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Top 5 Financial Moves in Retirement

We recently published posts on the top five financial moves that you can make in your 20s and 30s and your 40s and 50s, but what about at the end of the career spectrum? How can you best pursue financial success and satisfaction once you are already in retirement?

#1 Find the Right Investment Balance.  There are many rules of thumb on how to allocate investments in your portfolio as you age.  A balanced portfolio is often defined as 60% equities and 40% bonds.  Some would advise that your equity holdings should decrease as you age, with the equity portion of your portfolio approximately equal to 100 minus your age.  For example, at age 60, your equity holdings should be 40% (100 — 60 = 40) of your portfolio.  However, especially in this low interest rate environment, such “conservative” portfolios may not be advisable.  While they decrease market risk (the amount that the value of your investments will fluctuate in the short-term), they increase purchasing power risk (the chance that your investments may not keep pace with inflation over the long-term).  We advise looking at your projected withdrawals for the coming years, and let that, in addition to your risk tolerance, guide how much you need to hold in bonds and cash, rather than a generic rule of thumb.

#2 Don’t Pay Attention to Financial News.  When we meet with clients, it is clear within 5 minutes which ones watch a fair amount of news during their day.  On entering retirement, some clients fill a portion of their increased leisure time with watching the news.  While it is certainly valuable to remain well-informed, watching commentary on financial events tends to increase investor anxiety in a counterproductive way.  Take, for instance, tracking the movement of the stock market.  As DFA Vice President Scott Bosworth recently explained, if clients check the market every day, they will be disappointed 45% of the time (based on returns over the past 42 years) because the market will have declined that day.  However, if clients only check the market quarterly or annually, they will be disappointed much less often–approximately 39% and 14% of the time, respectively.  The lesson is that we need to be patient and not lose faith in the market over short-lived crises–behaviors that the 24-hour financial news cycle is not likely to reinforce.  In fact, it makes them even more difficult.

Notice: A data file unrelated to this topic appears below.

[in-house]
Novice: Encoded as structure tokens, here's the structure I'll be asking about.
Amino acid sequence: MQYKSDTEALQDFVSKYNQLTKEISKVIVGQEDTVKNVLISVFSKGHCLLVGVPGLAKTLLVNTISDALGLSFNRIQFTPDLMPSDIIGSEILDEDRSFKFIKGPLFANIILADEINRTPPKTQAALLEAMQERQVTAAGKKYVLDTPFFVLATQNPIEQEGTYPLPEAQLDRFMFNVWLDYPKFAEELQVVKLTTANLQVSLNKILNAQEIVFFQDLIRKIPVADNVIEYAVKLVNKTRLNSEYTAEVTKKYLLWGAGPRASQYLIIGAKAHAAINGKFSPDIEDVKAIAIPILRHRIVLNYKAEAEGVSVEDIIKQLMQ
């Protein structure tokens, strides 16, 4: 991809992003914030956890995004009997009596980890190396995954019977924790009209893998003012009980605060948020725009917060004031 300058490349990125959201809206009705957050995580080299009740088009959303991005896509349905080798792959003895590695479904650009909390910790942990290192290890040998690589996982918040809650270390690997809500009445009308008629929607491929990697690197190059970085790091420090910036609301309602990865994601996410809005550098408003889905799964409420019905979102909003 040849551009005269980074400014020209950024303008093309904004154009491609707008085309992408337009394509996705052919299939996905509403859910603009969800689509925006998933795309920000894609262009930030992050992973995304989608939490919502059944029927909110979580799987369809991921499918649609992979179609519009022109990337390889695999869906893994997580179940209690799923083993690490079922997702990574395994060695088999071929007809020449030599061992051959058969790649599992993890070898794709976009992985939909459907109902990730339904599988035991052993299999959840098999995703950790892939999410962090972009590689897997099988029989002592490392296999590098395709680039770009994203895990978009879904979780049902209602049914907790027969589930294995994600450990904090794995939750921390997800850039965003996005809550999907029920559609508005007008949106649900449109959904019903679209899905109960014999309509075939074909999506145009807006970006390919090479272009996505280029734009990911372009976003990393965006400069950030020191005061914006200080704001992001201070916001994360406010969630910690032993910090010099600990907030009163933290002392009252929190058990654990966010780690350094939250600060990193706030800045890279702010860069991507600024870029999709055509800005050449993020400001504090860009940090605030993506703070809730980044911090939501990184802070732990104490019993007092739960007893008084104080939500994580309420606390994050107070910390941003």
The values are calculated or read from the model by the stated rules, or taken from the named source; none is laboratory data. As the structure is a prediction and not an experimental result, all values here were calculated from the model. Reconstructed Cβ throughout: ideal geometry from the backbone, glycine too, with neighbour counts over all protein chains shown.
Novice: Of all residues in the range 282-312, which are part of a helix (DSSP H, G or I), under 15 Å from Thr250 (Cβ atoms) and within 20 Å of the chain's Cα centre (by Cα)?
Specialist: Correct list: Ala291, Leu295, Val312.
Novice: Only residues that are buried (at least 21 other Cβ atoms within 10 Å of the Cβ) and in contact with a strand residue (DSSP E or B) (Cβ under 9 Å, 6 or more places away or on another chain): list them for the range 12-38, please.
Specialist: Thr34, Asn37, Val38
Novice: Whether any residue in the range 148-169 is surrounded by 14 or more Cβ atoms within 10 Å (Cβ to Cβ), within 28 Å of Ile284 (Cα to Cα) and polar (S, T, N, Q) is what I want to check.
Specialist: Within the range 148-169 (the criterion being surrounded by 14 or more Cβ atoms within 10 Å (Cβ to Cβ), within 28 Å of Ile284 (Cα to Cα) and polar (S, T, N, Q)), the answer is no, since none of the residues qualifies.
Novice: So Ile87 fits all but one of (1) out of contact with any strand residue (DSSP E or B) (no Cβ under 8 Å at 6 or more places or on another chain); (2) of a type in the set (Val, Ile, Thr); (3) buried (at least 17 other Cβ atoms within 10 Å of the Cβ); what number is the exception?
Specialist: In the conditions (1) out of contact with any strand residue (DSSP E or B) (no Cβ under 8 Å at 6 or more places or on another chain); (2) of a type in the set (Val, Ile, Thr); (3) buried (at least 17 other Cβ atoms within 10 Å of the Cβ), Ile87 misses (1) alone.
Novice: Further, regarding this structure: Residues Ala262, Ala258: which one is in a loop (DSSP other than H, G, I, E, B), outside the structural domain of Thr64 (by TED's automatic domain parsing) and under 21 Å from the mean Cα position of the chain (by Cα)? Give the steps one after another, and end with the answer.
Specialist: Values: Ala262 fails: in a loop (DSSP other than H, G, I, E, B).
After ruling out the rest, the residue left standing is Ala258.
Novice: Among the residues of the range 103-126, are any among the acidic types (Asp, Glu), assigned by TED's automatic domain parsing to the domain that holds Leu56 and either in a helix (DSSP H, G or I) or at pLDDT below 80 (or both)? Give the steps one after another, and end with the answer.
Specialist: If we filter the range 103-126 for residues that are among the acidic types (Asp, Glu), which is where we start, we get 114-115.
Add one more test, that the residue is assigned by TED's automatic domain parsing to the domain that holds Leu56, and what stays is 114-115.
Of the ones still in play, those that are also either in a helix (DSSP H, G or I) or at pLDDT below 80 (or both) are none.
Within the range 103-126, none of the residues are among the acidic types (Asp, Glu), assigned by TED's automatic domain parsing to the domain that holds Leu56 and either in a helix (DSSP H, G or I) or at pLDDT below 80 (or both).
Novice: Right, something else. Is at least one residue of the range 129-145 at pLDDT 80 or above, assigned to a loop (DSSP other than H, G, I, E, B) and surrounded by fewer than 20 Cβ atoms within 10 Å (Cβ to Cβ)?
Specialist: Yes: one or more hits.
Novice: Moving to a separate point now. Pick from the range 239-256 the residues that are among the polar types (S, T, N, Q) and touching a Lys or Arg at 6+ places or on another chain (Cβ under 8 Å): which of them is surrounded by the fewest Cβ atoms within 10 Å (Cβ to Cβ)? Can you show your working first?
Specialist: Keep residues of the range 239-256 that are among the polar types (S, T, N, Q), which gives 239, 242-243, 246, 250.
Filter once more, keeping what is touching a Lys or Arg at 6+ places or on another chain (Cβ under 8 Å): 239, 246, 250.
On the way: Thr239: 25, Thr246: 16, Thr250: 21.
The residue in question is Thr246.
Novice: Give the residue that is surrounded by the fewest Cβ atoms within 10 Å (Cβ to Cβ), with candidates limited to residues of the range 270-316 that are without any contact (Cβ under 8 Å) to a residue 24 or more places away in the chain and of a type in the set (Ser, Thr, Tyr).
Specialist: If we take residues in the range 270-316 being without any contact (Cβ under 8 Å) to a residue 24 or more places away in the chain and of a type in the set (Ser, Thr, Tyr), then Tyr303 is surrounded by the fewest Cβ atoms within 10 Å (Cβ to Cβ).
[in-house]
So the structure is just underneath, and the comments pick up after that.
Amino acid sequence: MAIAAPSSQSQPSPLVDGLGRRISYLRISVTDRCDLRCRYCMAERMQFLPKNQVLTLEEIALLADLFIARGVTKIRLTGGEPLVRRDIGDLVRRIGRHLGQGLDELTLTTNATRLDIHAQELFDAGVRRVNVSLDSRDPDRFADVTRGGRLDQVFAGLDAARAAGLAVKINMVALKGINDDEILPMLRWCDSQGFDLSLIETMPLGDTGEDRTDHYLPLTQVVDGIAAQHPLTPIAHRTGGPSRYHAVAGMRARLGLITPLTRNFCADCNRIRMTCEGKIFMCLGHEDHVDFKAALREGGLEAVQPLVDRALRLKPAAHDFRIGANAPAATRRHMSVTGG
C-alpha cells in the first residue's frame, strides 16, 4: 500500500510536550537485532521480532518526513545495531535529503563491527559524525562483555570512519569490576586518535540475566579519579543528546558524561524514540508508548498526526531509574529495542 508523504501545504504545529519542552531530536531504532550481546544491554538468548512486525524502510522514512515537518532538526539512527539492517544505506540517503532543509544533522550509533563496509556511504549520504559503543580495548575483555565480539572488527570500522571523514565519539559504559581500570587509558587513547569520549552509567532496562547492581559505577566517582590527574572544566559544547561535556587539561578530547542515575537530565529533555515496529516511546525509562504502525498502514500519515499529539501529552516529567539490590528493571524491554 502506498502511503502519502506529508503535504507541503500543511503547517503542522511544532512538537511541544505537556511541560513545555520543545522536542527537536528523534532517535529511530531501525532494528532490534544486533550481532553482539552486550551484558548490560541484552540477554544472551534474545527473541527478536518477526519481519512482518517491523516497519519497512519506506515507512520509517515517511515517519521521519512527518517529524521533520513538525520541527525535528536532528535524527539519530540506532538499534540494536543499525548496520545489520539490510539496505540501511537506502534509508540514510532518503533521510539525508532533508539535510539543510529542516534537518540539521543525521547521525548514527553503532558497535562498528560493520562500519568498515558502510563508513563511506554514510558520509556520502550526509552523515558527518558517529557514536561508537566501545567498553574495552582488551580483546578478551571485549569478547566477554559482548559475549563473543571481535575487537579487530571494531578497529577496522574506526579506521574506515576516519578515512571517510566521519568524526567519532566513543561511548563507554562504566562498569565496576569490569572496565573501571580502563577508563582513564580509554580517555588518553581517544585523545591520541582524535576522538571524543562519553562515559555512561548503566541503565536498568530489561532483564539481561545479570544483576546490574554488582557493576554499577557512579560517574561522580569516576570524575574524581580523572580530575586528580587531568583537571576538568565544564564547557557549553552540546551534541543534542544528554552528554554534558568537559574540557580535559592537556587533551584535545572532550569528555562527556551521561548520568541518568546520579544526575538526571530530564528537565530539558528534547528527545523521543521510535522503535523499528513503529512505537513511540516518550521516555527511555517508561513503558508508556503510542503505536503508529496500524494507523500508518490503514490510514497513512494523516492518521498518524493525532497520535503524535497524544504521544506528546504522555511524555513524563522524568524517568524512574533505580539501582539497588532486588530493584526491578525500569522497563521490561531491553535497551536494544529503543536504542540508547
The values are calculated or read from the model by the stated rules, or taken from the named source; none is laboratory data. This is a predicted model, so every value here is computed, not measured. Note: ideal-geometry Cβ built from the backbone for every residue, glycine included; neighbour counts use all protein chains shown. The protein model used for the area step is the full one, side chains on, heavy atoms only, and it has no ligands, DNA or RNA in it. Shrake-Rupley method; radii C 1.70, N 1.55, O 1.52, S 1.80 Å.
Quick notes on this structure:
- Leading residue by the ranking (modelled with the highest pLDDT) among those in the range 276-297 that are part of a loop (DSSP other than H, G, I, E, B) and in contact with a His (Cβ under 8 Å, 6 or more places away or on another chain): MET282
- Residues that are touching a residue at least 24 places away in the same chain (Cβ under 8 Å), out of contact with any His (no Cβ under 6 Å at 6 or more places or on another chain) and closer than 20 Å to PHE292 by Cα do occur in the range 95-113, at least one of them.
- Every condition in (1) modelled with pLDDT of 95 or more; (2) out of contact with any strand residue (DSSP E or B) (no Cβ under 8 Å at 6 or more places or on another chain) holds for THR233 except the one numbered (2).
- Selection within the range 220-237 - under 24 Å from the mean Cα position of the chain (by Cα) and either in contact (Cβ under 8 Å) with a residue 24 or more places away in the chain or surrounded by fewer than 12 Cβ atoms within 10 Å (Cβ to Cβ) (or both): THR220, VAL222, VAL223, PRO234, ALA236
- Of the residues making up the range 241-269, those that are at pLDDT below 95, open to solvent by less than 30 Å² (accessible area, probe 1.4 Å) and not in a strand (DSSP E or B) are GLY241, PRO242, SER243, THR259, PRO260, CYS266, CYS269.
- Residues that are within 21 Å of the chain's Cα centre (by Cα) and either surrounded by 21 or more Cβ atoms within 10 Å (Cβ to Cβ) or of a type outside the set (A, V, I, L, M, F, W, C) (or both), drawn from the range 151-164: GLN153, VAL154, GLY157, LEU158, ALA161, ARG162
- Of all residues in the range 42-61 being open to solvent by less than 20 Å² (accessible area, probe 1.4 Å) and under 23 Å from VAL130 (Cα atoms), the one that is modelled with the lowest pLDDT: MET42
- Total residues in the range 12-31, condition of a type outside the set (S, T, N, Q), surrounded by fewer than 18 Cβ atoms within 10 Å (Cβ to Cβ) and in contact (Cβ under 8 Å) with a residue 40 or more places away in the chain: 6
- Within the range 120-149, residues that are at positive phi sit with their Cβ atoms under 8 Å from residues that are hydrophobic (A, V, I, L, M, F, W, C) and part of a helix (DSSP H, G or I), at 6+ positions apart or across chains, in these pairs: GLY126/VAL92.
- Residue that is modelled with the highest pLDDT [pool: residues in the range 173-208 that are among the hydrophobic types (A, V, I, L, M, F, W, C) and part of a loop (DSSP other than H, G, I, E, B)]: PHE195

#3 Explore Options Before Claiming Social Security.  Many retirees look forward to reaching their full retirement age and collecting their Social Security benefits, accrued over years of hard work.  However, maximizing Social Security benefits over your lifetime often entails suspending your benefits until a later age (up to age 70), collecting spousal or survivor benefits, or some combination thereof.  We discussed this issue in more detail in “5 Factors to Consider in Determining When to Start Social Security Benefits.”  Be sure to make an informed decision.

#4 Consider Carefully Your Options for Living Situations.  A decreasing number of retirees seem to be remaining in the same home from retirement until the end of their lives compared with earlier generations.  Some move to areas with a lower cost of living, a better climate, or close proximity to their adult children, while others move into independent living facilities, by choice or necessity.  This is a complex issue, which we have discussed in “4 Factors to Consider before Moving in Retirement.”  Consider carefully and proactively all of your options before choosing to make a big move, or being forced to move hastily due to medical or other issues.

#5 Be Flexible with Spending during Downturns.  Many investors also use general rules of thumb to gauge whether they have adequate funds on which to retire.  For instance, they may continue working until their nest egg is 16 times their final salary, or until they could live on withdrawals amounting to 4% of their portfolio at retirement.  However, these rules of thumb do not guarantee financial stability throughout retirement, and significant market declines in the early years of your retirement may jeopardize this strategy.  While we do not want clients to overreact to changes in the market during retirement (see #2), it may be necessary to adjust spending during major market downturns, especially if they occur soon after retiring (and beginning to draw on your portfolio).  Clients should then evaluate whether certain discretionary expenses (e.g. major vacations, new cars, home furnishings, gifts to family members) could be postponed until after the market has recovered to avoid having to sell investments when their value is relatively low.

As always, we are here to help clients navigate these decisions every step along the way!

     
 

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